So, there’s a clear issue there, whereby people are not being incentivised to put that extra effort in to do the right thing. You know, these, this is a problem and, you know, what does it have what happens in the major scale. This obviously decreases overall recycling in the economy. It clearly makes the value it clearly makes recycling much tougher because it’s intermingled with garbage. And thirdly, it probably makes it much less cost-effective for the recyclers to do it, which will drive up the cost of recycling itself – make it more prohibitive, you know, and probably make fewer people enter the market.


Act 5: How To Decrease Recycling Contamination


So you know, those are the things. And then, I suppose, the question is: “How can we decrease contamination?” You know, what can we do? There have been examples, certainly, internationally and even, you know, talking about that in Australia, some of the examples have been, I’ve even seen it described as naming and shaming, whereby not just stopping at the truck would reject the bin and obviously, this would take a lot of real change in the terms and conditions that councils procure their waste and recycling services on it would take a real change in that regard to be much more, you know.


The truck will reject contaminated bins. Is that something that councils want to happen? Is that something that residential areas want to happen because clearly, there’ll be a lot of complaints? Clearly, that will slow down the process and, you know, I can imagine a lot of complaints will be heading up to council. And at the end of the day, the people who are on councils tend to be admittedly just the professionals who work there. But there are also elected officials who like to get elected, so you run into the realities of the electrical electro-electrical electoral cycle and party politics.


So, I know some countries have done naming and shaming where theoretically, the bin is rejected if it’s contaminated and a sticker or poster is placed on the bin saying “bin contaminated” and “cannot be emptied”. We’ve also had situations where people are suggesting c3 bins like almost plastic see-through bins so that the driver another and password buyer.


Act 6: How To Decrease Recycling Contamination


You can see what is exactly in the bin. You know clearly with that, there is, you know, the practicalities of… would that really show contamination is debatable? And there’s a privacy issue. Do people want to be seeing, you know, what’s in your bin? You know, it raises questions, you know, what people… if they were drinking, say, alcoholic drinks and felt a bit, oh maybe, their neighbors will be judging them, that they’re drinking too much would that create issues?


And that in theory, could that even decrease recycling? You know, would people even think, oh I’m not going to put all these balls this weekend? I had a big night. I might put some of those bottles in the general waistband just to protect my, uh… you know, protect my ego or my reputation. So there are issues with that, and certainly, privacy, you know, should… you should other people be able to see stuff. It is a question, but I suppose fundamentally, the options for reducing this comet contamination they can be divided into, maybe, let’s say, three methods.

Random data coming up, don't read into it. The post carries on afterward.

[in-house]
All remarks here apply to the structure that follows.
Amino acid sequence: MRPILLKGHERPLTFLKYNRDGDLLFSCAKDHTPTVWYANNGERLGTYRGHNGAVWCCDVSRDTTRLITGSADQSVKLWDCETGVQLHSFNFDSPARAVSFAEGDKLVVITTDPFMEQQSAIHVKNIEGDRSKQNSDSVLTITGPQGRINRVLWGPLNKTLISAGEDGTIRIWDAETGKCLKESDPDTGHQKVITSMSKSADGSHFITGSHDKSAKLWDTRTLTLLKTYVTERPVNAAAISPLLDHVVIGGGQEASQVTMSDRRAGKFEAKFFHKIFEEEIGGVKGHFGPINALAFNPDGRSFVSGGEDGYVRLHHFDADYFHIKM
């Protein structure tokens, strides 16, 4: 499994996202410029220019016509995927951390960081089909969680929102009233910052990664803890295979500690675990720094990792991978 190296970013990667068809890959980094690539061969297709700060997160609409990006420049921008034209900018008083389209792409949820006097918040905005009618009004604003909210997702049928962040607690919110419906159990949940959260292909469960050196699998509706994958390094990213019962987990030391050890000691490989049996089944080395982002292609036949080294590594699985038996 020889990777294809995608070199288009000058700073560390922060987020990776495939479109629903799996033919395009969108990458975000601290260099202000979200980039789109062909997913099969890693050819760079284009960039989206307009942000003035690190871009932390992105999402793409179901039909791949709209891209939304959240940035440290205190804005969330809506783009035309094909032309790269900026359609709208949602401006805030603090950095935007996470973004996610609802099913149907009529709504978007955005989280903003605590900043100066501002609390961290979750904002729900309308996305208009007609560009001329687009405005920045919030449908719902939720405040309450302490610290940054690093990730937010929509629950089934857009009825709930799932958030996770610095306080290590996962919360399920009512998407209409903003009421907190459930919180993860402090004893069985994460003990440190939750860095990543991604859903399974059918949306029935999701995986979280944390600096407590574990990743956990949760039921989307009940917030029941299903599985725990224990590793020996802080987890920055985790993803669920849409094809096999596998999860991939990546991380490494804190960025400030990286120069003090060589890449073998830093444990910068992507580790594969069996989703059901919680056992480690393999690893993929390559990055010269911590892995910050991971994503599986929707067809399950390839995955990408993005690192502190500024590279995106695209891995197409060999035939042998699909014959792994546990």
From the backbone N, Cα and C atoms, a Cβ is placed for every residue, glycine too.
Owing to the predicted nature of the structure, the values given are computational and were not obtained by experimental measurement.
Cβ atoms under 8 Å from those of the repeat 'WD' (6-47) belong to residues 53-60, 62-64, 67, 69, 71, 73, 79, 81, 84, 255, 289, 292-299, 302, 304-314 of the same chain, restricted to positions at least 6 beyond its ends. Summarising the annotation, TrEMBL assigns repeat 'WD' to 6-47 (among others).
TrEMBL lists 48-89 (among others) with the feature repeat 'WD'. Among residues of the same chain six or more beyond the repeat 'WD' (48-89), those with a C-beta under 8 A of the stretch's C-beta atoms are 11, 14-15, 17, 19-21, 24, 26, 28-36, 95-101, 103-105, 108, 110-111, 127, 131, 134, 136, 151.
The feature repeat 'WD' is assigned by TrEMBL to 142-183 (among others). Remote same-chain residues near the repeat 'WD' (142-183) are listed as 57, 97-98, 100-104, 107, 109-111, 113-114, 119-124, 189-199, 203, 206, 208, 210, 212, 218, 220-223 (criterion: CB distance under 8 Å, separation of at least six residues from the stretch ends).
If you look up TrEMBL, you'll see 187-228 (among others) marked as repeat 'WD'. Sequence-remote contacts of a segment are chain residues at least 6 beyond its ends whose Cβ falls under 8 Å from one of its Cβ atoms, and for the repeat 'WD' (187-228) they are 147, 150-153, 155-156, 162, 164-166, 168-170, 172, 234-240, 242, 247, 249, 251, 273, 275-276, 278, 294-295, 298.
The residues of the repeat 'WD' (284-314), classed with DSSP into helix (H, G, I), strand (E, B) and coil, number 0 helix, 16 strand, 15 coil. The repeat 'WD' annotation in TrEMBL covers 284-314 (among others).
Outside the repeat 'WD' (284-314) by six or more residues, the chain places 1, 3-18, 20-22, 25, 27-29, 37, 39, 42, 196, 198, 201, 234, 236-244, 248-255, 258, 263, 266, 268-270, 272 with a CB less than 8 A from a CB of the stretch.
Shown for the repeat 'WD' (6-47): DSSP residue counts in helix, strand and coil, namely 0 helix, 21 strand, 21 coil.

And the first one is education. More education, more clear labeling, more clarity will clearly, you know, decrease that information gap and help people know exactly what goes in the bin. Different methods can be done. To do that, advertising, potentially simplification of stuff. But again, it’s never going to reduce it completely. The second one is a policing system whereby the drivers will reject bins that are, you know, have got clear contamination in them.


Act 6: How To Decrease Recycling Contamination


The drivers will say no to certain items, and again, there are repercussions to that. Clearly, unhappy people; clearly the council will get involved and it would have to be a significant change in the terms and conditions of those procurement contracts that are raising those services.


And uh thirdly, I think you probably are looking at some format of you know clarity, clearer bins, something along those lines. There might be some format of fining, you know. And again, this is… I don’t think anybody wants to get into this system purely because of the logistics; the administration costs, you know.


Act 7: How To Decrease Recycling Contamination


Once you put in place these things, it becomes very difficult to do them. But you know, when you… there is the reality in life that when people want to change things, you know, we’ve got a thorough covert. We’ve seen a lot of certainly nudging that was certainly a bit stronger than nudging at many times. But when you have these sort of um… I suppose, even the seat belt wearing – it was brought in. It’s legal. You have to wear a seat belt in a car in Australia. If you don’t, eh… you know, I think you’re fine. And I think you always get criminal charges.


I’m not exactly sure of the repercussions but it’s not small so to some extent there may have to be down the line some form of, I don’t know, some penalty. And I’m by no means promoting penalizing people at their own homes for making honest mistakes. That’s certainly not what we’re talking about. But there has to be some method of, you know, of reducing that issue. And I think that has to be part of a bigger discussion. So okay, so where you came to listen to a podcast about recycling and you hear me calling for restrictions which is the last thing we want to be doing. So I think we’ll leave it there today. Once again, thanks and Recycle: Don’t be a Waster!